The Court concludes, however, that disclosure of the post notes is not necessary because this information can be provided to the Plaintiff through other means, such as has been done by Defendants in producing Program Statement 5500.14 and 5500.14B. The inmate accountability system reflected in the post notes is of course revealed to all inmates to the extent they need to know the appropriate procedures which must be followed for compliance, i.e., to not be considered out of bounds. In other words, inmates are required to follow specific procedures, such as carrying an identification card, standing up for counts, checking in and out when moving from one place to another, etc. Obviously, these requirements are communicated to all inmates, including the Plaintiff.2 Defendants need only disclose which one of these known inmate accountability requirements the alleged assailant violated when he was admittedly out of bounds in Plaintiff's unit. It is not enough for Defendants to simply admit that the alleged assailant was out of bounds because he was somewhere, where he was not supposed to be. The admission does not make these two discovery requests irrelevant to the question of negligence.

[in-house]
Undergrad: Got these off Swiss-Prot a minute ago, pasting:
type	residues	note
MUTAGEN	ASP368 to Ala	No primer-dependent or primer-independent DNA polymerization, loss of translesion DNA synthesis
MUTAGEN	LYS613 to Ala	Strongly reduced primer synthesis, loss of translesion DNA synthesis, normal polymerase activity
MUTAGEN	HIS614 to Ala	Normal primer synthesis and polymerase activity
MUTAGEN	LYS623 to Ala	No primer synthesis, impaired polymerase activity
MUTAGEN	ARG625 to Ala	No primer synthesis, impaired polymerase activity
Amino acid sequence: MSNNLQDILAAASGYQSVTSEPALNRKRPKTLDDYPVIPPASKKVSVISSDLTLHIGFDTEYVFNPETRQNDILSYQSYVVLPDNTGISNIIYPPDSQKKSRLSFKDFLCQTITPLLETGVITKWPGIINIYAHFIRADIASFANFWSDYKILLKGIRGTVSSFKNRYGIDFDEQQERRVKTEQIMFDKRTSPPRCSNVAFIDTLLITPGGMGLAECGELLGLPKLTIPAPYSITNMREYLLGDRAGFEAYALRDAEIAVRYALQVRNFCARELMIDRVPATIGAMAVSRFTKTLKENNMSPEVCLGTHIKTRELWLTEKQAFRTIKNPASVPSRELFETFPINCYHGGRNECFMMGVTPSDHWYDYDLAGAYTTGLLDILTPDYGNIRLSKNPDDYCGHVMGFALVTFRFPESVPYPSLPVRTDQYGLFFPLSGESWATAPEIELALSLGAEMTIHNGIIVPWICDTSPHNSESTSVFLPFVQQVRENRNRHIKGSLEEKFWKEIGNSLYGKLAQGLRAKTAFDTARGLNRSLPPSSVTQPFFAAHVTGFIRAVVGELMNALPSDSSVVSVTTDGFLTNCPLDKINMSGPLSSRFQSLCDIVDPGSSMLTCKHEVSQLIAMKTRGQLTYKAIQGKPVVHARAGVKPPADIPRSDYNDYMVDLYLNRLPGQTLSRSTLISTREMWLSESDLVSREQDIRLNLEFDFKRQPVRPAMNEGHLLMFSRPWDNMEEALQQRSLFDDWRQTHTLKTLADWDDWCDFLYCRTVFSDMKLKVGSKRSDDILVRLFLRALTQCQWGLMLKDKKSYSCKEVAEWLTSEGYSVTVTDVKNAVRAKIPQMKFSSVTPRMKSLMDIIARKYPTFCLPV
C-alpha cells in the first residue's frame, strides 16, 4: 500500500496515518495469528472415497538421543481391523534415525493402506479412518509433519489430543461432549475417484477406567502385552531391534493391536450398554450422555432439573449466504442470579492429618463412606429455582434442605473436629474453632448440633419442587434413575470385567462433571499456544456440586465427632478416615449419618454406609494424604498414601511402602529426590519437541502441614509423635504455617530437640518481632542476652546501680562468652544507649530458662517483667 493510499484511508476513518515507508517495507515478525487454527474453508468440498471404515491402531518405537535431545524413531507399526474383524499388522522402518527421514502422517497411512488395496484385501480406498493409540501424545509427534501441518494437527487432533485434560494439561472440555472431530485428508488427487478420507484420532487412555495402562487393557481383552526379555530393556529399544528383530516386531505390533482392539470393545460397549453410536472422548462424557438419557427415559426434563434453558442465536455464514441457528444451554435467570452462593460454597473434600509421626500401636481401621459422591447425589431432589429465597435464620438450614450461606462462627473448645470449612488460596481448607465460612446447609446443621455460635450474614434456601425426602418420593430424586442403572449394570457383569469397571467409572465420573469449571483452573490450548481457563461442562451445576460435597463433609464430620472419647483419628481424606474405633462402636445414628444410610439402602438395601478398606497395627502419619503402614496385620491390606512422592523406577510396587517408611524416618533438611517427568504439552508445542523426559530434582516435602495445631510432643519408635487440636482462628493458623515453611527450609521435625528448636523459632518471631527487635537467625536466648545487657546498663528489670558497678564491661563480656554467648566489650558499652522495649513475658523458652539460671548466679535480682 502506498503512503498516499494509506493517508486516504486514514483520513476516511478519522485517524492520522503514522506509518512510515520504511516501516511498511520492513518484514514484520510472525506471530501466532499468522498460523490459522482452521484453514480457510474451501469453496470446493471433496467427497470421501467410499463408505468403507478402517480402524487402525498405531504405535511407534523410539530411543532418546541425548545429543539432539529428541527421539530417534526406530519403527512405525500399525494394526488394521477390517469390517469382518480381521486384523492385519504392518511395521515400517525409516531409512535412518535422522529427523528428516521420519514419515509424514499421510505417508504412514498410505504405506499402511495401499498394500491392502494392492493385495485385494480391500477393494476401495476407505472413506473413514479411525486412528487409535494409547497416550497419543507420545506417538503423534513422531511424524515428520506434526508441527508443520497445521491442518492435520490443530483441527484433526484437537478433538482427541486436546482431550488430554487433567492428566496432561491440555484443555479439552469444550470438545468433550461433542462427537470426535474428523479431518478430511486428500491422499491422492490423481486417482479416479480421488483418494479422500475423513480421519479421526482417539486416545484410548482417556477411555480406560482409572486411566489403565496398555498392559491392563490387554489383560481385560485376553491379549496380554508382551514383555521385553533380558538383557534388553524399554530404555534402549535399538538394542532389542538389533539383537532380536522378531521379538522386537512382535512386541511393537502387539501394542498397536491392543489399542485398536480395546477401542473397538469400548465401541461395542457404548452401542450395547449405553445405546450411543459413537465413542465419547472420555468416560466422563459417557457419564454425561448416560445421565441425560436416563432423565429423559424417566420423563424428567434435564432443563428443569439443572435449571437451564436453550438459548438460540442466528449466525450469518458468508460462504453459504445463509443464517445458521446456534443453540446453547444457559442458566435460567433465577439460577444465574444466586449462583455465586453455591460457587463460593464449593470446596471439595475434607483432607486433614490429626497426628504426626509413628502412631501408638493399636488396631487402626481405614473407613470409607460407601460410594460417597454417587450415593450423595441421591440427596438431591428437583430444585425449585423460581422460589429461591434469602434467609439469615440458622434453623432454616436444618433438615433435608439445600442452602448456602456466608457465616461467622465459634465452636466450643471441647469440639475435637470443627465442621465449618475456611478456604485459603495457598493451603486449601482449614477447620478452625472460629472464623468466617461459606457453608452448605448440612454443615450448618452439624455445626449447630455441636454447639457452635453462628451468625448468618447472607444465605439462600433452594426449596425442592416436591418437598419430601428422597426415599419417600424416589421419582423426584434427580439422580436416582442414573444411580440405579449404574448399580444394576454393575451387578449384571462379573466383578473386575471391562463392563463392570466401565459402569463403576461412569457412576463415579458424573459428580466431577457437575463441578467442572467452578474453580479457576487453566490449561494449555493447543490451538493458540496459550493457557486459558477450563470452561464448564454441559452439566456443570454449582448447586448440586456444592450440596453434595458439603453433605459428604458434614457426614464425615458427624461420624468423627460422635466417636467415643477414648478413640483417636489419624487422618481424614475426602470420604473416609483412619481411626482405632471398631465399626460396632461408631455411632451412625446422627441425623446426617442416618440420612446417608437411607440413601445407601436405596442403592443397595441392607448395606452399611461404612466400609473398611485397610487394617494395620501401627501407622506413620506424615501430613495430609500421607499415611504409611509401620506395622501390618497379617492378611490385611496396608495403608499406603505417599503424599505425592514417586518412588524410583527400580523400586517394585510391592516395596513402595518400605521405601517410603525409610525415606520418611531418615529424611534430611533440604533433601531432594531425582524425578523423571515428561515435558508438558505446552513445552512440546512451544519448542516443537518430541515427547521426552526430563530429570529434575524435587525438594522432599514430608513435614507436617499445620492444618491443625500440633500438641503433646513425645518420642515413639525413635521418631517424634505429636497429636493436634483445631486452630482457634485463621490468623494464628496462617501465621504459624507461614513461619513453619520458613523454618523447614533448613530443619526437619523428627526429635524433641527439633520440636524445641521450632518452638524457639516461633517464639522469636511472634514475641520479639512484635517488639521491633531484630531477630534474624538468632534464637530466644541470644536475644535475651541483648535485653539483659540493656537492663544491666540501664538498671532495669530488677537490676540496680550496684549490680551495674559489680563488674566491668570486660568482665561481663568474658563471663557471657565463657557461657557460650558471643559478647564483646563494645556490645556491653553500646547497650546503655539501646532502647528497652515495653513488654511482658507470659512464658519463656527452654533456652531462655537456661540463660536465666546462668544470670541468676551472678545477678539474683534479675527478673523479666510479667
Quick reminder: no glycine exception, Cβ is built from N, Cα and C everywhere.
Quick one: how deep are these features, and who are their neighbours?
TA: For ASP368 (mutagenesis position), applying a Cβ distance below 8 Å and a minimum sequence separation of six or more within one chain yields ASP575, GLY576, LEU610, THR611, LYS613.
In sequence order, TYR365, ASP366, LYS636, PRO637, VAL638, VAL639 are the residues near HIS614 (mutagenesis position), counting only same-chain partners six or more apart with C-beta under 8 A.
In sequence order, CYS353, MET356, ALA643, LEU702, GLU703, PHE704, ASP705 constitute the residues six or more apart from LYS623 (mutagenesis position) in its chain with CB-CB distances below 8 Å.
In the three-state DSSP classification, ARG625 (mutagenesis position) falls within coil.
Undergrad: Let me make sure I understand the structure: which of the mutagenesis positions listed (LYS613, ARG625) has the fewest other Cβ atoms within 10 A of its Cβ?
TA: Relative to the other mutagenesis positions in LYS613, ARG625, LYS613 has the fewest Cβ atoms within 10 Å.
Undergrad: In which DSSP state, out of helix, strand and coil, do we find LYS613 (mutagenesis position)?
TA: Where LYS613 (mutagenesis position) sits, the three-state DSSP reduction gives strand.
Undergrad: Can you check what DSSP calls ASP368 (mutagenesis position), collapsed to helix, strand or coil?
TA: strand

Request for Production No 6.

         The alleged assailant inmate's disciplinary history is relevant to show whether the Defendants should have known that he needed to be housed in a facility where he would be subject to closer supervision.

         Request for Production No. 7.

         Even though the Defendants do not dispute that the sexual assault occurred, the incident report given to the alleged assailant is relevant because it goes to the nature of the Plaintiff's injuries. The fact that it has already been disclosed to the alleged assailant reduces the risk of its disclosure to third-party witnesses who were interviewed as part of the investigation. If Defendants believe that any of the third-party witnesses might be at risk from the disclosure of the investigative report to the Plaintiff, the Defendants may redact the third-party witnesses' statements.

         Request for Production No. 8.

         Even though the Defendants admit that the alleged assailant was transferred, any information as to why he was transferred may be relevant to Plaintiffs claim that Defendants acted negligently by not exercising sufficient supervision over the alleged assailant, i.e., housing the perpetrator inmate at FCC-Tucson was negligent. As explained herein, the Plaintiffs Requests for Production are relevant, and Defendant shall produce the discovery. The Defendants shall, however, provide a ...